Total LOOHs, nmol/mg LDL 5.34 ± 2.28 142.82 ± 25.93 7.50 ± 4.49 101.5 ± 35.02 5.04 ± 1.29 4.72 ± 3.17 
α-tocopherol, mol/mol ApoB-100 7.71 ± 2.26 0.80 ± 0.86 7.59 ± 0.93 0.71 ± 0.78 6.88 ± 0.39 7.29 ± 1.09 
ParameterPlasmaPlasma +
heme
(80 μM)
Plasma + ferroHb (20 μM)Plasma + metHb (20 μM)Plasma + metHb + Hp (20 μM)Plasma + cyanometHb (20 μM)
ΔT at Vmax, s 3130 ± 272 150 ± 118 3190 ± 346 300 ± 189 3721 ± 762 3480 ± 722 
Conj dienes, OD at 234 nm 0.175 ± 0.011 0.483 ± 0.099 0.170 ± 0.05 0.321 ± 0.026 0.189 ± 0.027 0.166 ± 0.005 
TBARSs, nmol/mg LDL 0.32 ± 0.09 14.22 ± 1.46 0.34 ± 0.21 6.65 ± 0.52 0.21 ± 0.12 0.31 ± 0.14 
Total LOOHs, nmol/mg LDL 5.34 ± 2.28 142.82 ± 25.93 7.50 ± 4.49 101.5 ± 35.02 5.04 ± 1.29 4.72 ± 3.17 
α-tocopherol, mol/mol ApoB-100 7.71 ± 2.26 0.80 ± 0.86 7.59 ± 0.93 0.71 ± 0.78 6.88 ± 0.39 7.29 ± 1.09 

Hp indicates haptoglobin. Other abbreviations are explained in Table 1.

Further evidence for ongoing in vivo heme-catalyzed LDL oxidation derives from measurements of the fatty acid composition of the HO-1–deficient child's LDL. It contained 1.7 times more saturated and monounsaturated fatty acids and a lower percentage (20.18% versus 54.86%) of polyunsaturated fatty acids as compared with control LDL. There was an accumulation of palmitic acid (28.71% versus 11.49%) and a relative lack of linoleic acid (3.43% versus 41.04%) and arachidonic acid (1.65% versus 6.88%). Interestingly, and for unexplained reasons, the percentages of the highly oxidizable polyunsatured fatty acids and of eicosatrienoic and docosahexaenoic acids were higher in his LDL (5.25% versus 0% and 9.85% versus 2.84%, respectively).

These results raised the question of what kinds of cytotoxic materials might be present in oxidized LDL. LDL is a complex mixture that includes triglycerides, cholesterol esters, phospholipids, unesterified cholesterols, lysophosphatidylcholine, phosphatidylethanolamine, diacylglycerol, ceramide, and some phosphatidylinositol. Oxidation leads to formation of a wide range of biologically active products, and some of these, such as 7-oxysterols, have been reported to be highly cytotoxic.42 However, we suspected that the majority of the toxicity of oxidized LDL might derive from the high concentrations of LOOH (Table 2), which is chemically very similar to organic hydroperoxides, such as cumene hydroperoxide. In support, preincubation of oxidized LDL with reduced GSH or GSH peroxidase (which will relatively specifically reduce the LOOH to the alcohol) abolished almost 100% of the cytotoxic effects of the LDL. In further support of the toxicity of the LOOH per se, when endothelial cells were exposed to a concentration of cumene hydroperoxide approximately equal to the LOOH content of the toxic LDL, almost identical cytotoxicity was observed. Finally, if endothelial cells were exposed to either LOOH-containing LDL or cumene hydroperoxide, we observed a precipitous decline in intracellular GSH content as previously described.33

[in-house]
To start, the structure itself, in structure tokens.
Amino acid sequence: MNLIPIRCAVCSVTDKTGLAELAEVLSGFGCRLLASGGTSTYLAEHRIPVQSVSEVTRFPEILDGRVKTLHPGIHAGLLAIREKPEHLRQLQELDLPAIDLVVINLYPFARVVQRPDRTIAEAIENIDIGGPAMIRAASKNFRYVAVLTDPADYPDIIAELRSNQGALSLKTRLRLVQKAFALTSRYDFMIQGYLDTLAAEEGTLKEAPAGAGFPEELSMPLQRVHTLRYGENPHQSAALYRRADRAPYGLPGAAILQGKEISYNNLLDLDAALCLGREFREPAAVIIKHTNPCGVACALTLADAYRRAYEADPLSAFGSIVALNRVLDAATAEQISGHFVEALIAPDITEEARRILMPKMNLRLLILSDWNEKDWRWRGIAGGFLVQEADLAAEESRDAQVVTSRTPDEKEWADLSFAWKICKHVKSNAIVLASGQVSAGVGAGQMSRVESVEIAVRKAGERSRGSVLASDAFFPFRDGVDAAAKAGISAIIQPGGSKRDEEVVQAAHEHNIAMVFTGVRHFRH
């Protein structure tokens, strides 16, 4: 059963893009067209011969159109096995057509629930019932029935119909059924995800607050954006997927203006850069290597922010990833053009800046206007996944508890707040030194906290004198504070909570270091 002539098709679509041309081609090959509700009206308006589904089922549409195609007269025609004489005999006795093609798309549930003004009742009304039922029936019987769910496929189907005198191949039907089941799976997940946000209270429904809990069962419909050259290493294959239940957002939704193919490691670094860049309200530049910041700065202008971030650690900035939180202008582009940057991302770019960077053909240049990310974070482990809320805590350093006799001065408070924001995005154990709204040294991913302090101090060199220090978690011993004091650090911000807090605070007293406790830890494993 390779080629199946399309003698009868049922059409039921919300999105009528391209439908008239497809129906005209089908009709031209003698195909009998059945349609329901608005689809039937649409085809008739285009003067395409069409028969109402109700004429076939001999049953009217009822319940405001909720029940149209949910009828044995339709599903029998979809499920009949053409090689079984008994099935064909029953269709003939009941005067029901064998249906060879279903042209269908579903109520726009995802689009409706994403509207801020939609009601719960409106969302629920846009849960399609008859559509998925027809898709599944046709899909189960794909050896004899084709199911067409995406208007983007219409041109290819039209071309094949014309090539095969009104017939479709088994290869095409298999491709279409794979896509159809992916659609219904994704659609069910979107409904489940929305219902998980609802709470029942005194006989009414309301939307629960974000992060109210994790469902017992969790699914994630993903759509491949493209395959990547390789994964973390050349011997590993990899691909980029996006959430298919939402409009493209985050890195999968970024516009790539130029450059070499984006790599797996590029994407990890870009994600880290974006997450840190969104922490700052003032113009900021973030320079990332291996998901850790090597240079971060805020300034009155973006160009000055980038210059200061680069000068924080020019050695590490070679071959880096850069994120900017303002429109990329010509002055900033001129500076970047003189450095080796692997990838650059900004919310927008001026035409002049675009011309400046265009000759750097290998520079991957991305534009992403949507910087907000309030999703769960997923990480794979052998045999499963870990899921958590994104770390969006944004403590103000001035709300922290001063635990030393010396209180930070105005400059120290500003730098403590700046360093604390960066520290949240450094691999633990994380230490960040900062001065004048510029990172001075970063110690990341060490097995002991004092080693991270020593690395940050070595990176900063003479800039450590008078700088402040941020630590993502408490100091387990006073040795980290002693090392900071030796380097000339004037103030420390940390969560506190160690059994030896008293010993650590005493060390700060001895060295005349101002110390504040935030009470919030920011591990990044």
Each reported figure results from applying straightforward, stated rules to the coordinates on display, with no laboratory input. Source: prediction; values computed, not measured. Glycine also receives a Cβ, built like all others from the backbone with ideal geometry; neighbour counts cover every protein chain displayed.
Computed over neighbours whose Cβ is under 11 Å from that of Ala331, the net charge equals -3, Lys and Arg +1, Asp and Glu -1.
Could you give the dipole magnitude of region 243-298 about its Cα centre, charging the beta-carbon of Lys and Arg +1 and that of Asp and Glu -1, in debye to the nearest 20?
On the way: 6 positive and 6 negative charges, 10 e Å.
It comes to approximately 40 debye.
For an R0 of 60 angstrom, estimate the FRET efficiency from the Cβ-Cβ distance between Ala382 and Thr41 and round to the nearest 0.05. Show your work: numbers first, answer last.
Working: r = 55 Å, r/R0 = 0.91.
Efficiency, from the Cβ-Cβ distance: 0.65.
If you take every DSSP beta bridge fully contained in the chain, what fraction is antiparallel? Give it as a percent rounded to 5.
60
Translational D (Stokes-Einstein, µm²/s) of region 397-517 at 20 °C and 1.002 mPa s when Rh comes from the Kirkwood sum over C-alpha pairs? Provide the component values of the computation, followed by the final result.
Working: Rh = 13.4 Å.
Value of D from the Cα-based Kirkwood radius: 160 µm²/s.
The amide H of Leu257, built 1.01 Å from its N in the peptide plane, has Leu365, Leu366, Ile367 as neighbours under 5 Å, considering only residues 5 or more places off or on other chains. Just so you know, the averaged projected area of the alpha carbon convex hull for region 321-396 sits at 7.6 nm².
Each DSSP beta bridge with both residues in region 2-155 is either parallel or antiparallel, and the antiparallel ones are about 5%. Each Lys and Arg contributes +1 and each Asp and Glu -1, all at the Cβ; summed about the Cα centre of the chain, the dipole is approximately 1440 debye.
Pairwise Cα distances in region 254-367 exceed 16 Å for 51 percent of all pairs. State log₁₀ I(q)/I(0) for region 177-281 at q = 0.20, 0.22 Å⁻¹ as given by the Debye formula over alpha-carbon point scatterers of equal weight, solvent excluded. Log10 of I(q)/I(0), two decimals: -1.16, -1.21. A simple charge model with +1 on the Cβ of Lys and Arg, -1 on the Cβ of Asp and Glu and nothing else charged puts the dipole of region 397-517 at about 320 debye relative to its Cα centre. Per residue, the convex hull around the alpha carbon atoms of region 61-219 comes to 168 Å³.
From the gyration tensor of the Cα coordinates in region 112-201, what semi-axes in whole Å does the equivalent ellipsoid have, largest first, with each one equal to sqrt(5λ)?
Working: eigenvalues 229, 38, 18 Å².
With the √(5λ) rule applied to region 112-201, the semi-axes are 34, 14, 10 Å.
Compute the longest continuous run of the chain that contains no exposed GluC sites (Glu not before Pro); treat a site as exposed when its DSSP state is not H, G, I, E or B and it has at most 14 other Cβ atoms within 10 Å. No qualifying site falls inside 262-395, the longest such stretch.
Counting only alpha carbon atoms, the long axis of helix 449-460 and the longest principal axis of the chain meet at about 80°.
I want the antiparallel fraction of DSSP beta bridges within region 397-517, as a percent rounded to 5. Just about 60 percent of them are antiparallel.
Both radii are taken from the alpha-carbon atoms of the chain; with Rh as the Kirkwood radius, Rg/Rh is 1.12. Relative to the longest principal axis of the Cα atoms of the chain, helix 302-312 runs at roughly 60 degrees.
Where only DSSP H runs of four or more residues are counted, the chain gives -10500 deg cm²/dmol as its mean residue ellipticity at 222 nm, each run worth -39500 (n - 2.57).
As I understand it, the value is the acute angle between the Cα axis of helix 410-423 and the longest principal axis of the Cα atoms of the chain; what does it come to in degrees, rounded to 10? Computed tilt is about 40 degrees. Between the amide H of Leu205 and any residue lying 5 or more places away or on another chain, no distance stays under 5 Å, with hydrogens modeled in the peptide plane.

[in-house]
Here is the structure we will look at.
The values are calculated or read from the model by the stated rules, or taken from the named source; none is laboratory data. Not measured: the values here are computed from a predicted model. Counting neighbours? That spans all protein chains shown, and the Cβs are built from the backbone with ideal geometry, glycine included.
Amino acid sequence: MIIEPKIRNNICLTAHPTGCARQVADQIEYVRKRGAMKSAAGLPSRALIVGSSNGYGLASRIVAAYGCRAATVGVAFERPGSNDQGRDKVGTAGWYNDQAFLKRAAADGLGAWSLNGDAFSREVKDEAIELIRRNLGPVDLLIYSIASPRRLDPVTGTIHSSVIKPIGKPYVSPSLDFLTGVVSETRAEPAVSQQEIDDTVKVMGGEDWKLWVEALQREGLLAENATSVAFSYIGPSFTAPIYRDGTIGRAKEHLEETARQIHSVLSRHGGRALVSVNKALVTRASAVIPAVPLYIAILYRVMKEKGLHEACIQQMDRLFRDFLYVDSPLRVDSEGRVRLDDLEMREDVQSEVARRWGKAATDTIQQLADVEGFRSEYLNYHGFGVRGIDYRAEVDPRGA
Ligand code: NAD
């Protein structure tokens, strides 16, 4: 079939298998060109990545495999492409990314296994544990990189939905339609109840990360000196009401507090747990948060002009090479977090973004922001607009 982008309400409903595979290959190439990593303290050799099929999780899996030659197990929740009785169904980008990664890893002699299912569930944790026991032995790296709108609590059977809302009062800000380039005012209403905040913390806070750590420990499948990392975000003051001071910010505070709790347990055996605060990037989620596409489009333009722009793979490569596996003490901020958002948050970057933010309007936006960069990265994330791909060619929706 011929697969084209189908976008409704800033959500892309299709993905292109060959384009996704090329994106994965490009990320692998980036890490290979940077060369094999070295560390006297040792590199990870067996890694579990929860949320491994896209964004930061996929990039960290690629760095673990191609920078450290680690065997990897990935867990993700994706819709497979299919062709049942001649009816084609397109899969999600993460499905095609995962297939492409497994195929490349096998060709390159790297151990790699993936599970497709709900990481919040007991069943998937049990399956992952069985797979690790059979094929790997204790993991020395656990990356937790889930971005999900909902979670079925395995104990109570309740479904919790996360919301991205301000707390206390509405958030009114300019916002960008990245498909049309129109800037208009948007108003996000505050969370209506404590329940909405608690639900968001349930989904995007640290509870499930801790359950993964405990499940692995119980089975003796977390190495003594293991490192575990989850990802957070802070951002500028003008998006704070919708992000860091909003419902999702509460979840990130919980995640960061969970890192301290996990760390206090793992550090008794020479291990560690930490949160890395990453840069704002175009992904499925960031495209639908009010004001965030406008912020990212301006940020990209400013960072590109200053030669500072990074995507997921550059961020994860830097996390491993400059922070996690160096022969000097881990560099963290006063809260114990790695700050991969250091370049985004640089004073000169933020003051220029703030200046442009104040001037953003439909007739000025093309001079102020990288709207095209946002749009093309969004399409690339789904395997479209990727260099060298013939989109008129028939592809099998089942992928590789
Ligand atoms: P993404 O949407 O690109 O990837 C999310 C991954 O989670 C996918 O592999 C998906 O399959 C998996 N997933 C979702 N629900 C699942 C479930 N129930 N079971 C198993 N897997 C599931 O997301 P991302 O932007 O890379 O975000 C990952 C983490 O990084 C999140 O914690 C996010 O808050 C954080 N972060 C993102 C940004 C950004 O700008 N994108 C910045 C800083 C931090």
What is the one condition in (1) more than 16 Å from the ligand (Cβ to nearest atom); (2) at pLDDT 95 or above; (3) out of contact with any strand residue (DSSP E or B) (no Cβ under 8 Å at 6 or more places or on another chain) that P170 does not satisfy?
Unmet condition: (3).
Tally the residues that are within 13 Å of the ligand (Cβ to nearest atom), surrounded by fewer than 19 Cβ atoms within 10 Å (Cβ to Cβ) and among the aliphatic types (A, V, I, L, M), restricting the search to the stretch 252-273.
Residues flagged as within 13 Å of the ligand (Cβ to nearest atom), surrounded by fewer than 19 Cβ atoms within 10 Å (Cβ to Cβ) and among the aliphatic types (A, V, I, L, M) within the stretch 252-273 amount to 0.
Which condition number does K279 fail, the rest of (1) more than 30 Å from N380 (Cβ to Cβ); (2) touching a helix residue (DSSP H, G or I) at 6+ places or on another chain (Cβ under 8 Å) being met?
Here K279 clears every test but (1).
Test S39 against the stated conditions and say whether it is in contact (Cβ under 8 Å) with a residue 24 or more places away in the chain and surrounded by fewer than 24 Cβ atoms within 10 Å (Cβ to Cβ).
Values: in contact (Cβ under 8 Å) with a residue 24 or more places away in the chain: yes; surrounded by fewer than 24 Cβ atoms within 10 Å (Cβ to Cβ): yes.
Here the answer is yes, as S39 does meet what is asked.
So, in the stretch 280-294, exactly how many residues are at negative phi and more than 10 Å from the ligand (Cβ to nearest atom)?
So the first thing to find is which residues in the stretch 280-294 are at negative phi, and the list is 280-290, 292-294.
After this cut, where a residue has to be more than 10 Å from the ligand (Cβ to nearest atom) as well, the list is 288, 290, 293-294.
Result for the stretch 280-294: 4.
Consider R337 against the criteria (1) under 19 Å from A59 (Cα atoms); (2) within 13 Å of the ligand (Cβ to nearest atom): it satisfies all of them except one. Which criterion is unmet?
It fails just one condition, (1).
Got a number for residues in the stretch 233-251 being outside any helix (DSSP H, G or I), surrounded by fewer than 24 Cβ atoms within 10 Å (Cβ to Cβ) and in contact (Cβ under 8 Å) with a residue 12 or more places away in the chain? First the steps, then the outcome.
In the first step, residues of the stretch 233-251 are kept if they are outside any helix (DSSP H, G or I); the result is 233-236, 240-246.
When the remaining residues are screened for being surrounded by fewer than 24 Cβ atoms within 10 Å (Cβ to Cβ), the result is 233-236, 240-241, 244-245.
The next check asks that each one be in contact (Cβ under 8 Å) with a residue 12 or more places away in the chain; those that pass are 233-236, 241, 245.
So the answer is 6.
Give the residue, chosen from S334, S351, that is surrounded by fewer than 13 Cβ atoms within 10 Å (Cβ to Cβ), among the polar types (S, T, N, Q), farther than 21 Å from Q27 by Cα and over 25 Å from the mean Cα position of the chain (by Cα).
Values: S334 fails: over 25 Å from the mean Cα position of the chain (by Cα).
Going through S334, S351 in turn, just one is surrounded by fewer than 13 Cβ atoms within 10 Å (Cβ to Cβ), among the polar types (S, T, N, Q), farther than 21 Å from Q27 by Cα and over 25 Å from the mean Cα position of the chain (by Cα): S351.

Exposure of endothelial cells to sublethal amounts of oxidized LDL isolated from plasma containing metHb markedly induced HO-1 mRNA (Figure 3A), a sensitive marker for oxidative stress. Accompanying this mRNA induction, HO activity was also significantly enhanced (Figure 3D). A similar increase in the expression of HO-1 mRNA and enzyme activity was observed in endothelial cells exposed to LDL preincubated with heme instead of metHb (Figure3A,D). In contrast, LDL isolated from ferroHb-treated plasma did not alter the HO-1 mRNA level and enzyme activity in endothelial cells (Figure 3A,D). Similar effects were observed in the case of ferritin; LDL from plasma exposed to metHb or heme caused a doubling of endothelial ferritin content, whereas ferroHb failed to induce ferritin synthesis (Figure 3E). In keeping with a posttranscriptional control of ferritin synthesis, ferritin light- and heavy-chain mRNA levels were not affected in these experiments (data not shown).

Fig. 3.

Effect of LDL isolated from heme- or metHb-containing plasma on endothelial HO-1 and ferritin.